Venice Preserved

Venice Preserved

Venice Preserved

Venice Preserved

Excerpt

The only edition of Venice Preserved to appear in Otway's lifetime was the quarto of 1682 printed for Joseph Hindmarsh and recorded in The Term Catalogues for Easter (May) of that year. This is the basis of the present edition. The copy-text is from the Bodleian Library, Oxford (Mal. B. 272). This has been collated with the "variant" first quarto in Bodley (in which the final "e" is omitted from "theatre" on the title page), but no substantive variants have been found. There were two issues of a second edition in 1696, one printed for R. Bentley and James Knapton, the other for Knapton alone, and a third edition in 1704. These have been collated with the first quarto, as has also the text printed by Tonson in the collected edition of Otway's Works, 1712. The first quarto was carelessly set; the second follows the first closely but corrects numerous errors; the third was set from the second but introduces several unnecessary emendations; and the text in the Works was derived from the third quarto. In the present edition the obvious misprints in the first quarto have been silently corrected. Variants from the later editions accepted into the present text, and a few viable alternative readings, are recorded in the textual apparatus.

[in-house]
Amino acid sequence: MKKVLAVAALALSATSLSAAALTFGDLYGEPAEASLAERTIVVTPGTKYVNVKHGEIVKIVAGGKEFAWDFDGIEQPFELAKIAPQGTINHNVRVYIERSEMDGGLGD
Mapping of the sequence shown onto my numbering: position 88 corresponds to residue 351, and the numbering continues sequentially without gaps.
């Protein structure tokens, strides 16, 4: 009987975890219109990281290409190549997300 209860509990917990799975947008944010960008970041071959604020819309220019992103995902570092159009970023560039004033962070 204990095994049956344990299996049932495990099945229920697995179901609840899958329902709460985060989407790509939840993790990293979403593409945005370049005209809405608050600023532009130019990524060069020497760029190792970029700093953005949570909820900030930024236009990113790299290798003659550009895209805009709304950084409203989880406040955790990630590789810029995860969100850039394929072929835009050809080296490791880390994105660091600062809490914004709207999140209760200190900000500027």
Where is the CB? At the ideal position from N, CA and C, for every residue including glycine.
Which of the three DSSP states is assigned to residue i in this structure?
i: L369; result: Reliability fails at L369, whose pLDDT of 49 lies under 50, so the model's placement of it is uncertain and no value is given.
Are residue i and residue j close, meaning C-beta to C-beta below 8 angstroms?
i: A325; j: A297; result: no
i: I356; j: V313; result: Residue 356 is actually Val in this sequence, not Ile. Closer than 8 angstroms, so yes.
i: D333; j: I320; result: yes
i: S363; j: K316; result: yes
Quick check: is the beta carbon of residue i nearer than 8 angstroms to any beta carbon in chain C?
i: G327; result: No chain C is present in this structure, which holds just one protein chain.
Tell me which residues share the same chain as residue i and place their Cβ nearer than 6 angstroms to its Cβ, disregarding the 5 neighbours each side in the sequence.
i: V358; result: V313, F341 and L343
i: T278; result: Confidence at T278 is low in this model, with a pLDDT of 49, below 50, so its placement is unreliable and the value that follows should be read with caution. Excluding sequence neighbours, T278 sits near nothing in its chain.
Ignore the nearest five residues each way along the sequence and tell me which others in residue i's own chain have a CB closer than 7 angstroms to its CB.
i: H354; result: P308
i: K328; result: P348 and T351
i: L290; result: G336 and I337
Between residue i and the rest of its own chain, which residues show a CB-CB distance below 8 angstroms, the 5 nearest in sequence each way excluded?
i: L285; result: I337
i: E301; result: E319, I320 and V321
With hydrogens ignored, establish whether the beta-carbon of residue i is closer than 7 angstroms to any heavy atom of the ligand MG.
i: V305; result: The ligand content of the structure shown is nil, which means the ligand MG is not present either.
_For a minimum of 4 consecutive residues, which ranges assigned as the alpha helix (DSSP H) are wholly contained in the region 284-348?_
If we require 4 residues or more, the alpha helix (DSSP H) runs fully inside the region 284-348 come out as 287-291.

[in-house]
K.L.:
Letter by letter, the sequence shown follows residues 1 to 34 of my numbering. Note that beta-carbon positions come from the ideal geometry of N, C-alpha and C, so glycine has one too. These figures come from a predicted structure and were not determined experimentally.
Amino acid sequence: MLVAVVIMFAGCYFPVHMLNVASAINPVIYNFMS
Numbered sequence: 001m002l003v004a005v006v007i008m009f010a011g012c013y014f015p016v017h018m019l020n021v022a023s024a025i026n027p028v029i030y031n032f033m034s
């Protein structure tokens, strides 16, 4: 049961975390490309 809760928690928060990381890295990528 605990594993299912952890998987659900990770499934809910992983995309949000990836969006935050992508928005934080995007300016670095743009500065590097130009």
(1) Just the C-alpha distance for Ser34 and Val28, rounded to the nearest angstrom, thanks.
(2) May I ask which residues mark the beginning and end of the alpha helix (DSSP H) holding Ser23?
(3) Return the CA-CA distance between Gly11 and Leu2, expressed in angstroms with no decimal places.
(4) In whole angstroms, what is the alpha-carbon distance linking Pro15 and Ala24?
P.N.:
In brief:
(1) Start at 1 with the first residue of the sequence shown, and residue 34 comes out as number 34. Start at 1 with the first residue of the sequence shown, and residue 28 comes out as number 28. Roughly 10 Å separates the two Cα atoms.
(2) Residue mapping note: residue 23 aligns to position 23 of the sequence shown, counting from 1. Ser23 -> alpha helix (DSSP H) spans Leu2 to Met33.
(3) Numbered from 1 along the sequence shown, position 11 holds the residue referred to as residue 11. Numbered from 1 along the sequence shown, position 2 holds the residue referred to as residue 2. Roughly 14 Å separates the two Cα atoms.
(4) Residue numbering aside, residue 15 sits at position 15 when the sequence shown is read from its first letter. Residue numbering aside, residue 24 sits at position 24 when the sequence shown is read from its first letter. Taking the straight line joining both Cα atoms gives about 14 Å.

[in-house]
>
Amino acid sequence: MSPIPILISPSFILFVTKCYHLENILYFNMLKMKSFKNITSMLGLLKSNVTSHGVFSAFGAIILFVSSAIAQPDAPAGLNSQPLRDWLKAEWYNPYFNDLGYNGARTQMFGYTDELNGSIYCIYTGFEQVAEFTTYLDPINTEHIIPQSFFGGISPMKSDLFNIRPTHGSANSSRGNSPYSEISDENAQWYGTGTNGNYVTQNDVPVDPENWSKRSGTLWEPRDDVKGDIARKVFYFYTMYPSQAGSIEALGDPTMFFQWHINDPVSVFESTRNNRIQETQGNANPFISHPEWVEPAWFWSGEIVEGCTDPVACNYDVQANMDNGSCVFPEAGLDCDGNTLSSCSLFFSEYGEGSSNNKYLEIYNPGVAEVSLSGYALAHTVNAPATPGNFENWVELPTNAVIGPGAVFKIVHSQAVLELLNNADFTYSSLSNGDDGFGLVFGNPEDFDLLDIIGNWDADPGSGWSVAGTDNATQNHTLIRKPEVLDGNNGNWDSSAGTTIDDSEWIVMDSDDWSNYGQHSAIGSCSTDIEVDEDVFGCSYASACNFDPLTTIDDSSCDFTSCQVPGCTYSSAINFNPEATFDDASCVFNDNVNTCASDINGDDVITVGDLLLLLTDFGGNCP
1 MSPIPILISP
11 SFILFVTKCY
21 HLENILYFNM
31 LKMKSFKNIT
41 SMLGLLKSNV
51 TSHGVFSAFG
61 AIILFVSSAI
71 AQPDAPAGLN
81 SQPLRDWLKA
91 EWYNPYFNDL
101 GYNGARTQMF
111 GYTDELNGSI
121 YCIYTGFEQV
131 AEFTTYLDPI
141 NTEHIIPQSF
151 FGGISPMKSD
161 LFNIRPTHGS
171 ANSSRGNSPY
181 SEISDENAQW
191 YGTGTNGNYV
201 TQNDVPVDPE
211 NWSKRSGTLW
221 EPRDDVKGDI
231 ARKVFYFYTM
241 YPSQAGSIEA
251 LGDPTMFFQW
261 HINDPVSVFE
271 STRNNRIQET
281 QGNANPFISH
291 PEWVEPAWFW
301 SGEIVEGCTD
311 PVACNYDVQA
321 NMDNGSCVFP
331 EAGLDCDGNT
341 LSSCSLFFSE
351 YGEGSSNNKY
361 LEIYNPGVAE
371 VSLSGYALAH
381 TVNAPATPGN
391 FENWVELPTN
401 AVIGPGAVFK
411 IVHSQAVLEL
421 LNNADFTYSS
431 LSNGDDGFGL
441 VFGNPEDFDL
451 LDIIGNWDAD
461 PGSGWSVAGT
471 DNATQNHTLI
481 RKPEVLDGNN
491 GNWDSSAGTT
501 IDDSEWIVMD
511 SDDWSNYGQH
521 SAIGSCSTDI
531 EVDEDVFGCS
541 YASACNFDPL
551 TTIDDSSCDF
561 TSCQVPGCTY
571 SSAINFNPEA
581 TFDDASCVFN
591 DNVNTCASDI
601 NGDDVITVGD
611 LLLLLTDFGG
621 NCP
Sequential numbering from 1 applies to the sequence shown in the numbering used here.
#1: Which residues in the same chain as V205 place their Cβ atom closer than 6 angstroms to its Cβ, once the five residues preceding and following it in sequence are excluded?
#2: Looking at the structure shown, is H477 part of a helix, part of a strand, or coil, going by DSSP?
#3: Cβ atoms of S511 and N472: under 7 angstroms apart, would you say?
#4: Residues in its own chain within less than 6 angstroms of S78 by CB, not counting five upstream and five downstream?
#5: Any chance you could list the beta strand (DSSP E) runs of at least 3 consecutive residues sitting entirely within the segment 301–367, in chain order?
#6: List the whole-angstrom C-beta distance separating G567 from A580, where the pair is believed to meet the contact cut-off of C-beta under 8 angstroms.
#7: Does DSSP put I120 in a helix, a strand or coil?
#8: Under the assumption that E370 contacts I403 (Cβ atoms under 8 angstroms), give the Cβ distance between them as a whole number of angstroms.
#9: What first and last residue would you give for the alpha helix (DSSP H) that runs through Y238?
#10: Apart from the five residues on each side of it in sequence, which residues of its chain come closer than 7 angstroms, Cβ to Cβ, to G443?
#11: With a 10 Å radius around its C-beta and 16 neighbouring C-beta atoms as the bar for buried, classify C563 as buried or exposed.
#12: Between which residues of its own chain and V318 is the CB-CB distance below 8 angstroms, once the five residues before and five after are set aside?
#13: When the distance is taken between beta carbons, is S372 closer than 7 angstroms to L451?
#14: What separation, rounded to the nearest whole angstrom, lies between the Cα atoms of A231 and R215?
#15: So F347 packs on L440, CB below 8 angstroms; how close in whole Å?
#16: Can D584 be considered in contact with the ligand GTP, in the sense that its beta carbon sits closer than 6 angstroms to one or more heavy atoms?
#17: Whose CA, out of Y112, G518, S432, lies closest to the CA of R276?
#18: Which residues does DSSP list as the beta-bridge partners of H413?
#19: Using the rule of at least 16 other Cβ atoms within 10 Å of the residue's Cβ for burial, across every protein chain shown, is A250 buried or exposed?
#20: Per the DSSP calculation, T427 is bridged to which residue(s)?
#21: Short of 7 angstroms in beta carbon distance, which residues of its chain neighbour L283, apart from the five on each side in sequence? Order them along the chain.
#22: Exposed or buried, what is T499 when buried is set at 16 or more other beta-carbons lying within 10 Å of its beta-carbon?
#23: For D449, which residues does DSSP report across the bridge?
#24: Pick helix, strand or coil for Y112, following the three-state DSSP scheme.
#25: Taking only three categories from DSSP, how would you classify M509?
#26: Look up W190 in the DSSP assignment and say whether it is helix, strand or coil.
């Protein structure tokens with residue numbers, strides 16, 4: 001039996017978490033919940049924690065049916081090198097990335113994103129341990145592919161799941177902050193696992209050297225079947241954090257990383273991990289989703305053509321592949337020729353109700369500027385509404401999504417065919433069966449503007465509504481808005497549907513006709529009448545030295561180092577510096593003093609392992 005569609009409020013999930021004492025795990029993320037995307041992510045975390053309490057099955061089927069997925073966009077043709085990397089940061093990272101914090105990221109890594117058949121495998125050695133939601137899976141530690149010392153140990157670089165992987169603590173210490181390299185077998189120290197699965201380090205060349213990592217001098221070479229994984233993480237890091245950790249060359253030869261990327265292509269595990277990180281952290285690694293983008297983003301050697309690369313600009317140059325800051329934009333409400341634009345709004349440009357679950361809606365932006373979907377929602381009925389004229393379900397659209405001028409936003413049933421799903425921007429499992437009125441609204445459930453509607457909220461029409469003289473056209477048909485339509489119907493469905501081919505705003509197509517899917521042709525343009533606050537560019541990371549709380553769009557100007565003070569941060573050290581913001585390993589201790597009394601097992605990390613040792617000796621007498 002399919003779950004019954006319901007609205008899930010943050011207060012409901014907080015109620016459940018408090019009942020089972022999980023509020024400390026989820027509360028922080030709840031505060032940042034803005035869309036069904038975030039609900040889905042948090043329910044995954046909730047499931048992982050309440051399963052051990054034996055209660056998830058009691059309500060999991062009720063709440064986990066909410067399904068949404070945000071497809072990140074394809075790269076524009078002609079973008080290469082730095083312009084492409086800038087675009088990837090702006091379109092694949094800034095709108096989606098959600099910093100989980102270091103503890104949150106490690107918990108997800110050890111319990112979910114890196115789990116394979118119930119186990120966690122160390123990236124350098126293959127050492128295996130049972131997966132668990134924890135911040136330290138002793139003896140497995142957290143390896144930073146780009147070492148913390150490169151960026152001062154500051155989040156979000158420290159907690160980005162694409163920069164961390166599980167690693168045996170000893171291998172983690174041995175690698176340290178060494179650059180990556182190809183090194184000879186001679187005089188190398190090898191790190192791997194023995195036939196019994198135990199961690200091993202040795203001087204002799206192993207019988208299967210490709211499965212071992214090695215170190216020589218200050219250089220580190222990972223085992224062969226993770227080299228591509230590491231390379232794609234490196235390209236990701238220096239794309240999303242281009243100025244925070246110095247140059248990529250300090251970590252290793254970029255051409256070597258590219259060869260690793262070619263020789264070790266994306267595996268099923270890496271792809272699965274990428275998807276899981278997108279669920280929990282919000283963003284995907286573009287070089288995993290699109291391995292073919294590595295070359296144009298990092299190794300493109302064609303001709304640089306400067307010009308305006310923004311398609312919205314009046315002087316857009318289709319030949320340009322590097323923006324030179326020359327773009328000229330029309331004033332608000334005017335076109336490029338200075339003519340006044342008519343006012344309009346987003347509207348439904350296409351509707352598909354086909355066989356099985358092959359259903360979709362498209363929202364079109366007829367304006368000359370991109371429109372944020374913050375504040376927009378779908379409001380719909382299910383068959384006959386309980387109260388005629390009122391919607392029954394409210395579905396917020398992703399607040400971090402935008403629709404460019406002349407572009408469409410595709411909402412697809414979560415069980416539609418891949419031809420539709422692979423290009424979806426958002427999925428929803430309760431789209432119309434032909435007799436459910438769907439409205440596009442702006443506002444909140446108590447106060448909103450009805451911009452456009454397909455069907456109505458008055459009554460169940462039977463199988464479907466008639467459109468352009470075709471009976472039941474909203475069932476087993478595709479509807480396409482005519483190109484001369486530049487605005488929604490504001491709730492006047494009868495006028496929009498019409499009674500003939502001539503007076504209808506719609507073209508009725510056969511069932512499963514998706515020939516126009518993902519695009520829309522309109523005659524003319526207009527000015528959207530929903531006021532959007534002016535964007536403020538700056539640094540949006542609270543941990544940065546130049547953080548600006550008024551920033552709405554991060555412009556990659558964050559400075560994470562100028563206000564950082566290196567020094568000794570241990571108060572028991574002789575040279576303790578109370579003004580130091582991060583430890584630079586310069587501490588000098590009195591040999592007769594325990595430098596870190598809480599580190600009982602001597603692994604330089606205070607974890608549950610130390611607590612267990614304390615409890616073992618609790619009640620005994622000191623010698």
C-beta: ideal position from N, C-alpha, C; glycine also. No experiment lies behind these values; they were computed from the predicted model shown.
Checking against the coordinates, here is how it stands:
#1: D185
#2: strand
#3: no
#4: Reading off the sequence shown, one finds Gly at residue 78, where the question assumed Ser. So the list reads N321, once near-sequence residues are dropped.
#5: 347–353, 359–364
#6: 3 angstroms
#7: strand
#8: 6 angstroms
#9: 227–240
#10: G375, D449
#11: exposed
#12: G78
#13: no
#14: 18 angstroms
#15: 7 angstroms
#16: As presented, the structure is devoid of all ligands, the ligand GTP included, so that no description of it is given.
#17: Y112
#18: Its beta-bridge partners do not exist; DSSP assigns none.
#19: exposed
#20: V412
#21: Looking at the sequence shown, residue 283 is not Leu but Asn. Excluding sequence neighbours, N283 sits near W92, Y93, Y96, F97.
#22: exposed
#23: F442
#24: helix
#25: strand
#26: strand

Venice Preserved, or, a Plot Discovered was first performed by the Duke's Company at Dorset Garden on February 9, 1682. The ostensible cause of the production was political. As the subtitle indicates, Otway was exploiting for literary ends the furore caused by the Popish Plot, and the play was offered by the Company to celebrate the fall of Shaftesbury and the collapse of the Whigs' maneuvers to exclude the Duke of York from the succession. Almost two years . . .

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